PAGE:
Pulling isn't the same as towing.
 

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JKU is a full-frame vehicle, I am sure the frame is more than capable of handling in excess of 3500 lbs and quite possibly more than the GC.
Been there----it can pull as much but cannot control the weight at speed. The full frame JKU chassis is strong enough, but not stiff enough. I'll let the engineers amongst us go deeper on that topic. Also, don't think hat the unibody of a WK2 isn't strong because it is. Very much so.
 

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Been there----it can pull as much but cannot control the weight at speed. The full frame JKU chassis is strong enough, but not stiff enough. I'll let the engineers amongst us go deeper on that topic. Also, don't think hat the unibody of a WK2 isn't strong because it is. Very much so.
It is one thing to say the chassis is insufficient and another thing to say that the frame is insufficient.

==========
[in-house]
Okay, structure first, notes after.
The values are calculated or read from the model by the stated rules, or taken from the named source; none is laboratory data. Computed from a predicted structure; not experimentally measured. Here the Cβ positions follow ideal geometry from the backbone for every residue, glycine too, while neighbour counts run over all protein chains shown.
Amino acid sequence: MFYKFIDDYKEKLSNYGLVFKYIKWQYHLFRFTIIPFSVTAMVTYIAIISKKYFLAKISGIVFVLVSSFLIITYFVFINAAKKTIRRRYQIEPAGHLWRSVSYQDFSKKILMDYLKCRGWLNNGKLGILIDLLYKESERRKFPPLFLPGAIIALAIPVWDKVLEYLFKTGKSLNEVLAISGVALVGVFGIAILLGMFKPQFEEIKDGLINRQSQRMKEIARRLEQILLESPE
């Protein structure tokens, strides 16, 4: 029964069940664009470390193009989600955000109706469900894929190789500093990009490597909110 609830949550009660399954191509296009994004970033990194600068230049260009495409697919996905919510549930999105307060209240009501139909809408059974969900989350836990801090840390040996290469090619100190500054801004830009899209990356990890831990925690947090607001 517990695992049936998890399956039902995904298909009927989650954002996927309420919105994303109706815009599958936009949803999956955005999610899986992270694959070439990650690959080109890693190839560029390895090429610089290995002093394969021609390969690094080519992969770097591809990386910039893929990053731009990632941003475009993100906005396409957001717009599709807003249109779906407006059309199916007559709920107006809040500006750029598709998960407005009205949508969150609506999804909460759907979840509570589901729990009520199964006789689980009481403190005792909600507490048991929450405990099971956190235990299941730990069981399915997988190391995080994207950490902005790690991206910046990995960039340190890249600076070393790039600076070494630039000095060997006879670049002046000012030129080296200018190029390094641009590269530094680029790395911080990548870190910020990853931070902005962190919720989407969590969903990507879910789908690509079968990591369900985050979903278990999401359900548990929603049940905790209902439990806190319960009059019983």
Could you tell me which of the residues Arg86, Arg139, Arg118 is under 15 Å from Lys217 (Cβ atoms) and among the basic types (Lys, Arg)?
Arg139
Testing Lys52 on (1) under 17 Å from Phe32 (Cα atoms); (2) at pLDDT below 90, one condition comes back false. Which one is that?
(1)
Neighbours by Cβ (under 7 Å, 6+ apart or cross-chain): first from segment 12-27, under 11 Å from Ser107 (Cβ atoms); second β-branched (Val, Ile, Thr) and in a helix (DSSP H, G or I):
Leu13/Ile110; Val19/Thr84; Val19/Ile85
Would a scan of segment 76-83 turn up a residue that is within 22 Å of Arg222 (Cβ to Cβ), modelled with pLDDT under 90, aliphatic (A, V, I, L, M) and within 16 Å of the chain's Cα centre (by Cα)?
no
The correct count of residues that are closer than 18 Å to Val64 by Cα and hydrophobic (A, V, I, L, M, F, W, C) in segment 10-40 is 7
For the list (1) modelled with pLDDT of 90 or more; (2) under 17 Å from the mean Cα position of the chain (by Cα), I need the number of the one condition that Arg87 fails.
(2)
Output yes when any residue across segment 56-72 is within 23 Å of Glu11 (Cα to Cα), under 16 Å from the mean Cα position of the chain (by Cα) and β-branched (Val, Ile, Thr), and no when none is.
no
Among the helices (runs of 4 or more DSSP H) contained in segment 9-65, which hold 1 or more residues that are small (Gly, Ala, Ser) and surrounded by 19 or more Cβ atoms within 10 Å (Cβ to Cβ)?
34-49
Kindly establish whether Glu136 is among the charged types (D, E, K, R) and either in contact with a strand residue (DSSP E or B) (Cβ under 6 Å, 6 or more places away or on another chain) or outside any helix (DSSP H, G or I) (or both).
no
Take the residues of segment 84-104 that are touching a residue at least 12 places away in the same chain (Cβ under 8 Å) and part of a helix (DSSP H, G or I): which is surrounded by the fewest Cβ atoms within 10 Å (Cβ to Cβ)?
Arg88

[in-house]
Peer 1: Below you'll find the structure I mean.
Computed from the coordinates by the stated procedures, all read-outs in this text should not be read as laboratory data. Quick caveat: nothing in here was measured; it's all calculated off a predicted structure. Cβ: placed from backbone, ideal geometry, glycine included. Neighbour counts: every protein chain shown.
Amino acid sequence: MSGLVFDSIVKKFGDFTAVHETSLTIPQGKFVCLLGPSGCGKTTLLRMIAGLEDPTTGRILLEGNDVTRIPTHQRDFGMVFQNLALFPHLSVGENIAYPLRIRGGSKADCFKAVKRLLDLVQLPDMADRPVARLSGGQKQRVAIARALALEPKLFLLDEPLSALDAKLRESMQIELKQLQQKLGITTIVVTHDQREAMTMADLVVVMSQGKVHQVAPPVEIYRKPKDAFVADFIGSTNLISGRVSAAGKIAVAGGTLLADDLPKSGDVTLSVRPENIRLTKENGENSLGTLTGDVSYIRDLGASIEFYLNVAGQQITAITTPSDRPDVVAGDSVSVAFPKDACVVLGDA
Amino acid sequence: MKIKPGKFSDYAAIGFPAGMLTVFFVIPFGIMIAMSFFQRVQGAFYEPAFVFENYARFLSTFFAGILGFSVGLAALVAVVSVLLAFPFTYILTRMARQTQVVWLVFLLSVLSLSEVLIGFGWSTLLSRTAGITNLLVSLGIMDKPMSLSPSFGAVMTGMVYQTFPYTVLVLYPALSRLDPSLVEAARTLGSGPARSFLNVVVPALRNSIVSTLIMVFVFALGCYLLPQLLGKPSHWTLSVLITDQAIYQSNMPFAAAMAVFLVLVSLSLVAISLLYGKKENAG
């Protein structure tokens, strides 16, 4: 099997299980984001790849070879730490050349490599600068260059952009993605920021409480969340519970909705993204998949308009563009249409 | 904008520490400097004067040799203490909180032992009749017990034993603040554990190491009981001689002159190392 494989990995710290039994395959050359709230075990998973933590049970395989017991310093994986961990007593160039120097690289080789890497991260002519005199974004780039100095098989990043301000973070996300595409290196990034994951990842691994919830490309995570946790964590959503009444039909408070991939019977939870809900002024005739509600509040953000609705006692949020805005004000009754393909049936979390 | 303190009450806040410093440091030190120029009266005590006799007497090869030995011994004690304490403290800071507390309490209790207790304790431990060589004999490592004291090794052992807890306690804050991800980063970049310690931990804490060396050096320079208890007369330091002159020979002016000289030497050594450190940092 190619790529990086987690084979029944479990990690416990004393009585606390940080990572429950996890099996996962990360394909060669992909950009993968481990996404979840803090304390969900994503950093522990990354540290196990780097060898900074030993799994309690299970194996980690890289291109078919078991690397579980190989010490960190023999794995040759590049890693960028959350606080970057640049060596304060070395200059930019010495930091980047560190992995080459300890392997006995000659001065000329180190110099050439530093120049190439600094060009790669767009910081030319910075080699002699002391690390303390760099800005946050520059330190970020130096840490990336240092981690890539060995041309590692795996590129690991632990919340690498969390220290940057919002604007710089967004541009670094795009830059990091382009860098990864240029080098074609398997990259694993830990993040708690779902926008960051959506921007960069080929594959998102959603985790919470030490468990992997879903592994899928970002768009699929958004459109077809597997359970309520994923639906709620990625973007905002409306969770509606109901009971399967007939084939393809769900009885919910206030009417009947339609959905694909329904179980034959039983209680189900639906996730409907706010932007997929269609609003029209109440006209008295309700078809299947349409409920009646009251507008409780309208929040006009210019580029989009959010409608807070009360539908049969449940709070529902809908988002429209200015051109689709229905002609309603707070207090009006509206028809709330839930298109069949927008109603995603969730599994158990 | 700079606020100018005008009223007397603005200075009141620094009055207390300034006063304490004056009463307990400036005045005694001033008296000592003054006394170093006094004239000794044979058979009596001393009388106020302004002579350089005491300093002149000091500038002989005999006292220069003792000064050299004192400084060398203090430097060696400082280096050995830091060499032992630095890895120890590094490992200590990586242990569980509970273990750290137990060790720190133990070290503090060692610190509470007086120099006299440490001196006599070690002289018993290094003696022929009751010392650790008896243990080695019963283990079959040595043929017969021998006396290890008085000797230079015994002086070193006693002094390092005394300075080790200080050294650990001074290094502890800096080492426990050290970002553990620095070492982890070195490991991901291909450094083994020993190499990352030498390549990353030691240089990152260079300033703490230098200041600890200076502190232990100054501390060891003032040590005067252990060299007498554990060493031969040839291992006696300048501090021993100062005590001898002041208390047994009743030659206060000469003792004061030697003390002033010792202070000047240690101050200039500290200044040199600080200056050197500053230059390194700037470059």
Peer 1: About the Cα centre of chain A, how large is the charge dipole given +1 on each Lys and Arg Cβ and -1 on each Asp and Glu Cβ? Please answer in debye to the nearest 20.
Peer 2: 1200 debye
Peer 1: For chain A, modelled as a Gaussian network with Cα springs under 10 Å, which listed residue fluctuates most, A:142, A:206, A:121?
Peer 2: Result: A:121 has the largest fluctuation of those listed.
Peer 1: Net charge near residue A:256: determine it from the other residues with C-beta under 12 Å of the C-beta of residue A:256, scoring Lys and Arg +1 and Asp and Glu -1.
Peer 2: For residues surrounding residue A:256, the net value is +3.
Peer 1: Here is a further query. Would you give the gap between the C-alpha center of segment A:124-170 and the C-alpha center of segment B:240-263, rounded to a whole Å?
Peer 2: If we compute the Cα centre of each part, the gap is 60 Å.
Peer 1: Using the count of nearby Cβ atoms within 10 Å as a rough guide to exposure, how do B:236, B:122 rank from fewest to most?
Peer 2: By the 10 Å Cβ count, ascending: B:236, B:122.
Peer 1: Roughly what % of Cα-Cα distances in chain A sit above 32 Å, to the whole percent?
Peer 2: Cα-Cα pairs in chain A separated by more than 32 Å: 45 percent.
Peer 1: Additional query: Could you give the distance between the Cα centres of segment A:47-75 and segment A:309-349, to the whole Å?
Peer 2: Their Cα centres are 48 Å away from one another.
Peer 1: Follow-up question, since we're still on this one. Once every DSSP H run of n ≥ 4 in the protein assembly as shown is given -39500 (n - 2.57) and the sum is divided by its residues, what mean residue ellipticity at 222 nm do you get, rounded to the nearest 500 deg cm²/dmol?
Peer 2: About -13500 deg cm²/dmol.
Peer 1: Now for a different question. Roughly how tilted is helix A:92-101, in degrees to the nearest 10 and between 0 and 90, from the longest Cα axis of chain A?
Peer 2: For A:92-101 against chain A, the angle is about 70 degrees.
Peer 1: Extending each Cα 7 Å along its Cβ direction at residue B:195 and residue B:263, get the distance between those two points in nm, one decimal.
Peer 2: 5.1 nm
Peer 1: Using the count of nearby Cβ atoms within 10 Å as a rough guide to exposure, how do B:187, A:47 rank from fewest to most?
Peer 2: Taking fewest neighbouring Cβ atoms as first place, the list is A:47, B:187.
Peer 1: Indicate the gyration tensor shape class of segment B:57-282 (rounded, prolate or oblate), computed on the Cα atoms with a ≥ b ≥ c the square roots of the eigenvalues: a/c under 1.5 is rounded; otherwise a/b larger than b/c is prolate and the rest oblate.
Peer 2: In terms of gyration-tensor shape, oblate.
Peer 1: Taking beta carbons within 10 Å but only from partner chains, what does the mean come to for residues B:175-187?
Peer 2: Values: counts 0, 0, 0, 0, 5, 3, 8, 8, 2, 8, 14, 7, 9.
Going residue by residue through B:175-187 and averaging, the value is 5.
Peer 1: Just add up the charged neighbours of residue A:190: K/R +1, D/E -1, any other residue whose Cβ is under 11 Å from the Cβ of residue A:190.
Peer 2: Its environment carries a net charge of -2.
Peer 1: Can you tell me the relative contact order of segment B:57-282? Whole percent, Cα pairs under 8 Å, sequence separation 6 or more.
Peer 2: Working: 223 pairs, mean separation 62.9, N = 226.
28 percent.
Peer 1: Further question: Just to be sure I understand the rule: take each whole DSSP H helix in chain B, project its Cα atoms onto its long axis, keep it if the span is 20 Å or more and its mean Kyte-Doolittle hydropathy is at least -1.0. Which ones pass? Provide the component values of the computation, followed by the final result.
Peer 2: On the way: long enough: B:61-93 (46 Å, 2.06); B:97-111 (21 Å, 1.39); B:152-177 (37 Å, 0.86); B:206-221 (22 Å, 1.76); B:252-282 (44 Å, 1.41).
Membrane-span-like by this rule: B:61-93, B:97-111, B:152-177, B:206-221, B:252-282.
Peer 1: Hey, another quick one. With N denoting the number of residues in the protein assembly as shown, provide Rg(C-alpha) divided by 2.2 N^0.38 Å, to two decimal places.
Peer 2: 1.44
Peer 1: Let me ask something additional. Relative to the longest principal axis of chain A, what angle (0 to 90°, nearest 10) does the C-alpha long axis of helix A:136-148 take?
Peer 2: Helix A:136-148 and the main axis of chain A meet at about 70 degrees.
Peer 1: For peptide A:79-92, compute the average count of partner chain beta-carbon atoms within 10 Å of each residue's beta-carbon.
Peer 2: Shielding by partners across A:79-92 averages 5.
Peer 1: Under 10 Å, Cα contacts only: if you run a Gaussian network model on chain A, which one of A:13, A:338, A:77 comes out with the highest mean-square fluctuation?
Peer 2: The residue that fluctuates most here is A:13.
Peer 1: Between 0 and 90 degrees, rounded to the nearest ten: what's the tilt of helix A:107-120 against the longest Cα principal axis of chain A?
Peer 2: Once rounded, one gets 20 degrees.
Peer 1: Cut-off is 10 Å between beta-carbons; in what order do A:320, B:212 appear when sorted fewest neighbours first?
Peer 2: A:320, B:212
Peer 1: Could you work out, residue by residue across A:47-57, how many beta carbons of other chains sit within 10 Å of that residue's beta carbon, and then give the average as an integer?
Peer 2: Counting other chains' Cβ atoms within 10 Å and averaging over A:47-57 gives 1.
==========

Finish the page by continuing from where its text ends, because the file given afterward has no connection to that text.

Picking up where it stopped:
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It cannot be the frame or the chassis. Australian and European spec'd Wrangler Unlimiteds can tow 2000 kgs (4400 lbs). As far as I know, there are no frame/chassis differences between the US and EURO/AUS JK's. Not to mention the 2.8 CRD (manual trans) version has a maxed braked tow capacity of 2300 kgs(5000lbs).

I think it is the brakes. The EURO/AUS versions have bigger brake rotors, I believe.
 

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Another thing to consider: The Wrangler is one of the few vehicles that has so many iterations and options. You can go from a Base Sport JK(U) all the way to a fully loaded Rubi/Sahara, with all the versions and special editions in between.

(My Over-Simplified Explanation) When Jeep did their Tow Capacity testing, they probably took a Base Sport version, a Sport S version, and a fully loaded Rubi for testing to encompass the full range of possibilities.